Over a period of nearly two years, the MSHA IR Team reviewed thousands of pages of records on enforcement activities (including ventilation and roof control plans, correspondence files, handbooks, policy manuals, and enforcement inspectors’ notes) and interviewed 87 MSHA employees.
In June 2010, the independent panel met with the MSHA IR Team for the first time. Over the ensuing 18 months, seven follow-up meetings took place via conference call between the MSHA IR Team and the independent panel. At each of these meetings, the MSHA IR Team briefed the independent panel on its progress and consulted with the panel on specific methods being used to examine discrete aspects of MSHA’s actions or inactions prior to the UBB explosion. Meanwhile, the independent panel periodically asked the MSHA IR Team to provide it with specific documents, including prior MSHA Internal Review Reports, Internal Policy and Procedures, and the Ventilation Plan Approval Handbook. The independent panel analyzed all materials that it received from the MSHA IR Team, including reports from internal reviews that MSHA had conducted in the wake of earlier mine disasters from 2001 onwards.
On January 11, 2012, the MSHA IR Team provided NIOSH with a draft report and requested the independent panel’s views about the report. On February 3, 2012, the independent panel conveyed its comments to the MSHA IR Team. On February 23, 2012, the MSHA IR Team provided its final IR report to the independent panel.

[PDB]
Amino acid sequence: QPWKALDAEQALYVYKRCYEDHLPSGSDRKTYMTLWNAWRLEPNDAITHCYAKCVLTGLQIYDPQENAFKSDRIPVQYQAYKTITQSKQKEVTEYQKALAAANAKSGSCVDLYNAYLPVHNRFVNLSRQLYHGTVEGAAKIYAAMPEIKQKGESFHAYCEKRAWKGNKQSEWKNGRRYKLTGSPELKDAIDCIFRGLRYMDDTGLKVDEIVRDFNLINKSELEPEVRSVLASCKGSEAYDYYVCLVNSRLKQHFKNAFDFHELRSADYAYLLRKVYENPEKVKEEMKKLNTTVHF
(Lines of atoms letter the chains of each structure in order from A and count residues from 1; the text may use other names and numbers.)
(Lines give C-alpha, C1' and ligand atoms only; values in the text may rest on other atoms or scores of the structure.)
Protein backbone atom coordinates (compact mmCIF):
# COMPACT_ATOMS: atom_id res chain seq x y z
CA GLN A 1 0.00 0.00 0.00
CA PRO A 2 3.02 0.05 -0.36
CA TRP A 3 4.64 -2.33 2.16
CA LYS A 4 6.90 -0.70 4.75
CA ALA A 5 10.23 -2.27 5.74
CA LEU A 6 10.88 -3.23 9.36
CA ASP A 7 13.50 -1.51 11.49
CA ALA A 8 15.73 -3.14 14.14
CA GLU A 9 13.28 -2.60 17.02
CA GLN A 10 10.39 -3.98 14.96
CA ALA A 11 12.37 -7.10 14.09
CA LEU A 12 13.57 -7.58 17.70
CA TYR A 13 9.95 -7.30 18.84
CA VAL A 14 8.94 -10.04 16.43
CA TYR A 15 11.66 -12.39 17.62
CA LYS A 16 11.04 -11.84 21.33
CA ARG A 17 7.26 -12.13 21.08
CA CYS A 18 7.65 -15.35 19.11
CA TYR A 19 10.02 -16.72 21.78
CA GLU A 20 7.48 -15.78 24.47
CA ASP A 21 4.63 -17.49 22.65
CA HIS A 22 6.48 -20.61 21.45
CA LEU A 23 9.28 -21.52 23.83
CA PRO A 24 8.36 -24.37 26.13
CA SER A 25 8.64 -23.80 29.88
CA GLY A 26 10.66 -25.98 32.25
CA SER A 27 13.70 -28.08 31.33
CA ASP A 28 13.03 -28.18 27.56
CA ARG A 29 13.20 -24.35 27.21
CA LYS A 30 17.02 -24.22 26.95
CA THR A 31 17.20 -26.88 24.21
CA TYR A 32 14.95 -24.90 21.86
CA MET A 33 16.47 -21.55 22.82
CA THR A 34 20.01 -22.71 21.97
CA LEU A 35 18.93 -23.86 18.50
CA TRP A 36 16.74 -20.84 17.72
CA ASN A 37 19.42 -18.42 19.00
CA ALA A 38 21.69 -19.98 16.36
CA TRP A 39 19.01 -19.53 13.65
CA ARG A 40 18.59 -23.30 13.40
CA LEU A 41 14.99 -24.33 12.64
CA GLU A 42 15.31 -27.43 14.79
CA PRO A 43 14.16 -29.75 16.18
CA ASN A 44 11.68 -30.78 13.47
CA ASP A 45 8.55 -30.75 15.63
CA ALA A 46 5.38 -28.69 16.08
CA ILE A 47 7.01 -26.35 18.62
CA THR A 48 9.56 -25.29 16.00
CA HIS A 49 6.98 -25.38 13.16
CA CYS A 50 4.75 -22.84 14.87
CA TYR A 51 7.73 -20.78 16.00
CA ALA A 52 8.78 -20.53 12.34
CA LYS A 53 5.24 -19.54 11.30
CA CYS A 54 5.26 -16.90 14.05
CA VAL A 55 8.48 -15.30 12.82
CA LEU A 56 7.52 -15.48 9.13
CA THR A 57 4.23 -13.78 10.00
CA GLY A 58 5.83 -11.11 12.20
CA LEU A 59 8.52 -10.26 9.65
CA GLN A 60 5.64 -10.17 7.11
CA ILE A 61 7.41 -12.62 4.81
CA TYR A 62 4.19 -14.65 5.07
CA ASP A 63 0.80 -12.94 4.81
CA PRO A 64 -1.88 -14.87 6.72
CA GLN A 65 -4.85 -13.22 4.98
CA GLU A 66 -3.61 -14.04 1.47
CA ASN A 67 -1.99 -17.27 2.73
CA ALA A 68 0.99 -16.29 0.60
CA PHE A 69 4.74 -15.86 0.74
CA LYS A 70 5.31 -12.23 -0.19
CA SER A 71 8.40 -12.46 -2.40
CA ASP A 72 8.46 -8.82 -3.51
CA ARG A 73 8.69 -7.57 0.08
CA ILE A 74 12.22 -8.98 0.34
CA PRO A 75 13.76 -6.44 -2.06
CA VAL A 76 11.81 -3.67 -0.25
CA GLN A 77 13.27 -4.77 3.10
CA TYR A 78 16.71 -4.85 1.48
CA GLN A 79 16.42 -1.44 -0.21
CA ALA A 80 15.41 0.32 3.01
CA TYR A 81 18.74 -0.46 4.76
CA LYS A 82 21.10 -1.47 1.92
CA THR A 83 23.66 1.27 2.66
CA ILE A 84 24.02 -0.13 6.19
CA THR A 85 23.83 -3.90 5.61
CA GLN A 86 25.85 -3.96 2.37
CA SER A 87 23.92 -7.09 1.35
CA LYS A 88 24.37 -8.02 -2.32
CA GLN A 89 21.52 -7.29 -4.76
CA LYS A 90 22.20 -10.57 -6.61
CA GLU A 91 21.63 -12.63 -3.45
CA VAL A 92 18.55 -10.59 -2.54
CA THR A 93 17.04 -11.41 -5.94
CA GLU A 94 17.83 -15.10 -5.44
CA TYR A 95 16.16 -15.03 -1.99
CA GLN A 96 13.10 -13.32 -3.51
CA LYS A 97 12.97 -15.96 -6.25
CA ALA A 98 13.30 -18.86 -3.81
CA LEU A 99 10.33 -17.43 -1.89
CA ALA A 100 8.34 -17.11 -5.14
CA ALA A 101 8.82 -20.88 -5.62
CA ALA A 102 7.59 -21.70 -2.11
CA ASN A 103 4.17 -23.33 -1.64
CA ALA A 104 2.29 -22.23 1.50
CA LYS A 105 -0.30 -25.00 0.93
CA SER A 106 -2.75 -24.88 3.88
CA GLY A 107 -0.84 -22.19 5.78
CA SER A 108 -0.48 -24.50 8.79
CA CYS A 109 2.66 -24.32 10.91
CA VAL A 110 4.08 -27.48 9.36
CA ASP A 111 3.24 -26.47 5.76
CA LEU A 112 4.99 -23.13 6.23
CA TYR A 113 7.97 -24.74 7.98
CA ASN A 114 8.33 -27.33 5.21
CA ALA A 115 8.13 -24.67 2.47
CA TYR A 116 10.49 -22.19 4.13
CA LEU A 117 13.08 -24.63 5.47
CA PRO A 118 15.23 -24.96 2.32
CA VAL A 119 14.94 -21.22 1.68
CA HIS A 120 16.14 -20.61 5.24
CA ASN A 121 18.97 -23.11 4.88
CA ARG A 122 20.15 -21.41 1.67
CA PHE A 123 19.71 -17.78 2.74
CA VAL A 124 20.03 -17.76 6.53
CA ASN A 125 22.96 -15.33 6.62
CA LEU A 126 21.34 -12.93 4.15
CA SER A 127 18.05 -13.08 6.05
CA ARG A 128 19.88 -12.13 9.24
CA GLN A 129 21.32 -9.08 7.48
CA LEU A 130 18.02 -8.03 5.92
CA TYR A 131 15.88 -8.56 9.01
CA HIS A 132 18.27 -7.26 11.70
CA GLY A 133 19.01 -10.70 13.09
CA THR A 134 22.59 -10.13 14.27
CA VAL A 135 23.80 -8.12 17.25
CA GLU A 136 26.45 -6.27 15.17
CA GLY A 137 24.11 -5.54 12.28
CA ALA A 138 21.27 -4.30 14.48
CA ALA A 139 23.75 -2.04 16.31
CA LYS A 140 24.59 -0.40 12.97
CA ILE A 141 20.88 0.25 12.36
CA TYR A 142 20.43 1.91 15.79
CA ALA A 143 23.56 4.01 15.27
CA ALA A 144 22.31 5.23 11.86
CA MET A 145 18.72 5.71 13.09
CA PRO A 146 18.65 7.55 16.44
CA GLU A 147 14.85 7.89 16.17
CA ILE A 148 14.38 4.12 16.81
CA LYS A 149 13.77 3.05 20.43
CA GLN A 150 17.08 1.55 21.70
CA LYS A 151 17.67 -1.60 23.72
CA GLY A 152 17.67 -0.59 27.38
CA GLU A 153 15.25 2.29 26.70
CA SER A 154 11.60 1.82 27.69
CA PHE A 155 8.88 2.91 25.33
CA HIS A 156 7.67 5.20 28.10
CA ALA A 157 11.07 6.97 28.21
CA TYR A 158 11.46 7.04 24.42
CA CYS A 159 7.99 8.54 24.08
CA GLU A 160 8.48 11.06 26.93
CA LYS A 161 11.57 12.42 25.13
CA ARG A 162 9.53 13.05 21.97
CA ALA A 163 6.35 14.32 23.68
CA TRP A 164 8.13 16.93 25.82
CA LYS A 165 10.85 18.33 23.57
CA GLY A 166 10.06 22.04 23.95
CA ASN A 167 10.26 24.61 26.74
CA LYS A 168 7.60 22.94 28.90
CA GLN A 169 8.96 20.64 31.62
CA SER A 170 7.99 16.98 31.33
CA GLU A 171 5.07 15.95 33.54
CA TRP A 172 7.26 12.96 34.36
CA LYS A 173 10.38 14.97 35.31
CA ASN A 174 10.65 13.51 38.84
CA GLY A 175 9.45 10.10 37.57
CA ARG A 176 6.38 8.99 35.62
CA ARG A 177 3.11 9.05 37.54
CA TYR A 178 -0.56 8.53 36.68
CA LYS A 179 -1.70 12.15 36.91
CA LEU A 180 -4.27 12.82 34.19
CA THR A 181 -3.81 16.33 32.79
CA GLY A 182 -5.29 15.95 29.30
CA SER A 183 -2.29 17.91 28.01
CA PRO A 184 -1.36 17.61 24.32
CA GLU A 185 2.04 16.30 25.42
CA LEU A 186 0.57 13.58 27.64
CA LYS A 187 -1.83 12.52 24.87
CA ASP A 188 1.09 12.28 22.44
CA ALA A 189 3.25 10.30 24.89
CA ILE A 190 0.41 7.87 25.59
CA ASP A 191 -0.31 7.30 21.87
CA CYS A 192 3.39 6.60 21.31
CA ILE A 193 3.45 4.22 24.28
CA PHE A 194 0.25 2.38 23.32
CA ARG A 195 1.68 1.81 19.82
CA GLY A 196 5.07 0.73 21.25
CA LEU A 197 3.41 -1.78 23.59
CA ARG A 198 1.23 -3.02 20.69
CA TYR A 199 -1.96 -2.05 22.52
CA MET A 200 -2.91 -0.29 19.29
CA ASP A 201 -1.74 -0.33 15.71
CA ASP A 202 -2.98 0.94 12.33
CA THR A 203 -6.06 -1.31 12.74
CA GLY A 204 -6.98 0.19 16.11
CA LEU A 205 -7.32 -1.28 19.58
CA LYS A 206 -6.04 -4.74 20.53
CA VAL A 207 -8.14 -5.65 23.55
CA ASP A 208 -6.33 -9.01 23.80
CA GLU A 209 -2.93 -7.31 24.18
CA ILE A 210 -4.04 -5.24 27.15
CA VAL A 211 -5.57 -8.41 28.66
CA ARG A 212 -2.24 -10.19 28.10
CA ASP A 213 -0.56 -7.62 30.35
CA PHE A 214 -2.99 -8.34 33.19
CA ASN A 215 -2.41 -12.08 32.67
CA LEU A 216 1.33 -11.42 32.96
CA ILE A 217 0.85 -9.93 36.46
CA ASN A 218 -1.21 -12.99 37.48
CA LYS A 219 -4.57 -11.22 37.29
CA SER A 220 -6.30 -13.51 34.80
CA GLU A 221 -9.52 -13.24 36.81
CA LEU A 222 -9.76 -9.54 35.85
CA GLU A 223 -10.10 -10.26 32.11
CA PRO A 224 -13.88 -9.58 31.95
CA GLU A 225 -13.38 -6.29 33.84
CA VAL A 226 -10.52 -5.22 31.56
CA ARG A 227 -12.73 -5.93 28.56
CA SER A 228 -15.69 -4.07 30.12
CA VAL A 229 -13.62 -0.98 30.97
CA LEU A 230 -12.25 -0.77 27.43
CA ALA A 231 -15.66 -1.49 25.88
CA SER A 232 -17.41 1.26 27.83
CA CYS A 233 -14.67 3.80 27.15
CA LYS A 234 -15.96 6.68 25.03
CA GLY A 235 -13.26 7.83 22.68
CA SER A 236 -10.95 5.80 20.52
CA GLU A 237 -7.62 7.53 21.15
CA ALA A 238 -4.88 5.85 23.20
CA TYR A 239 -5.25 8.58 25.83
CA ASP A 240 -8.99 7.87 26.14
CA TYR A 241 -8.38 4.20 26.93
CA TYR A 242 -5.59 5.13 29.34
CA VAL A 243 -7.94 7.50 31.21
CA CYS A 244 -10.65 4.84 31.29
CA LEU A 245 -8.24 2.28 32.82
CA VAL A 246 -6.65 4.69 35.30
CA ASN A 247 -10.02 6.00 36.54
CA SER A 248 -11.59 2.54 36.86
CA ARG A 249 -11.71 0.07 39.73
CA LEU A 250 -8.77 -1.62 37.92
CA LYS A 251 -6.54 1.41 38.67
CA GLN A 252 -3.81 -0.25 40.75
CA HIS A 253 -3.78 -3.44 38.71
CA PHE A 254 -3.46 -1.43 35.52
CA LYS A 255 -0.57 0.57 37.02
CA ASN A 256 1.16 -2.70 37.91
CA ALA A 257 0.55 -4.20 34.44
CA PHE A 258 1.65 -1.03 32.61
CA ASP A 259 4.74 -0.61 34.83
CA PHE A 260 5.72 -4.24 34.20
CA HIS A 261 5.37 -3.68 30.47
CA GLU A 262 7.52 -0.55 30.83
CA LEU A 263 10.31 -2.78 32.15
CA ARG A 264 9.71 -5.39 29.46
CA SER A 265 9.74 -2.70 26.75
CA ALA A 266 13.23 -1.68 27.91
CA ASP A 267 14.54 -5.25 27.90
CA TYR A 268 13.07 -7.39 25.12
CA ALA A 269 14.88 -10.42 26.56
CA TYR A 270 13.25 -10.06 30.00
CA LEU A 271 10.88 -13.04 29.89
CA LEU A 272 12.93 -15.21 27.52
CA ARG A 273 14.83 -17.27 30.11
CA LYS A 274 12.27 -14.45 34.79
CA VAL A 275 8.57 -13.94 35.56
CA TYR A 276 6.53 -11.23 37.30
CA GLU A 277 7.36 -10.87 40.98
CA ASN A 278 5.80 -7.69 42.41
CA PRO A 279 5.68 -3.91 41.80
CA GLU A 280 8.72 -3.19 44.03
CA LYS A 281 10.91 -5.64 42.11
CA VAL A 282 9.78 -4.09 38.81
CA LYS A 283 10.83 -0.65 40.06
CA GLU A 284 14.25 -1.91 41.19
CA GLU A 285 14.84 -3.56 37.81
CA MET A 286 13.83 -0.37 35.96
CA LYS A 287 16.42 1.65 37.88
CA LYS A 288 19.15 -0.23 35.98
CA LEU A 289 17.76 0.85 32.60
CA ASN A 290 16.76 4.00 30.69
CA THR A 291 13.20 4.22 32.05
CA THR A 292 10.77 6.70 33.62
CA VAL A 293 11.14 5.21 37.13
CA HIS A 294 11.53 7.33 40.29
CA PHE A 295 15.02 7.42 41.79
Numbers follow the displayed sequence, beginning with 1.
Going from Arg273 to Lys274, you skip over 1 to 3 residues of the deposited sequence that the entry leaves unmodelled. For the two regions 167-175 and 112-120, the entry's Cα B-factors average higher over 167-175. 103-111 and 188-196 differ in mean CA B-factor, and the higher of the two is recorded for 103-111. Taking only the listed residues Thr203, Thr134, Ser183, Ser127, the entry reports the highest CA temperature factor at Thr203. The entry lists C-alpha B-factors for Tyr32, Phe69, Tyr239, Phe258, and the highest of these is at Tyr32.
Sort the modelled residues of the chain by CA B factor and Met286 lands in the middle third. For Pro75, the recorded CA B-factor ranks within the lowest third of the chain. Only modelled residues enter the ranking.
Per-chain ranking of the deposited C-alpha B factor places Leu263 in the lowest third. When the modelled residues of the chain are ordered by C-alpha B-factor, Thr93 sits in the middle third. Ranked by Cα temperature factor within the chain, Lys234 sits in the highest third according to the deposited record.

MSHA’s Administrative Policy and Procedures Manual, Volume III, Section 1200, entitled “Internal Review Policy and Procedures,” establishes the objectives, responsibilities, and procedures for conducting an internal review of an incident in an underground mine resulting in three or more fatalities. The independent panel assessed the MSHA IR process, conclusions and recommendations against this policy.
The independent panel prepared a report that summarizes its assessments of MSHA’s Internal Review, and specifically the processes it used, its conclusions, and its recommendations. Further, the independent panel report provides a set of recommendations that it believes will lead to a lasting improvement in MSHA’s enforcement performance.
I appreciate the opportunity to testify this morning and thank you for your continued support. I am pleased to answer any questions you may have.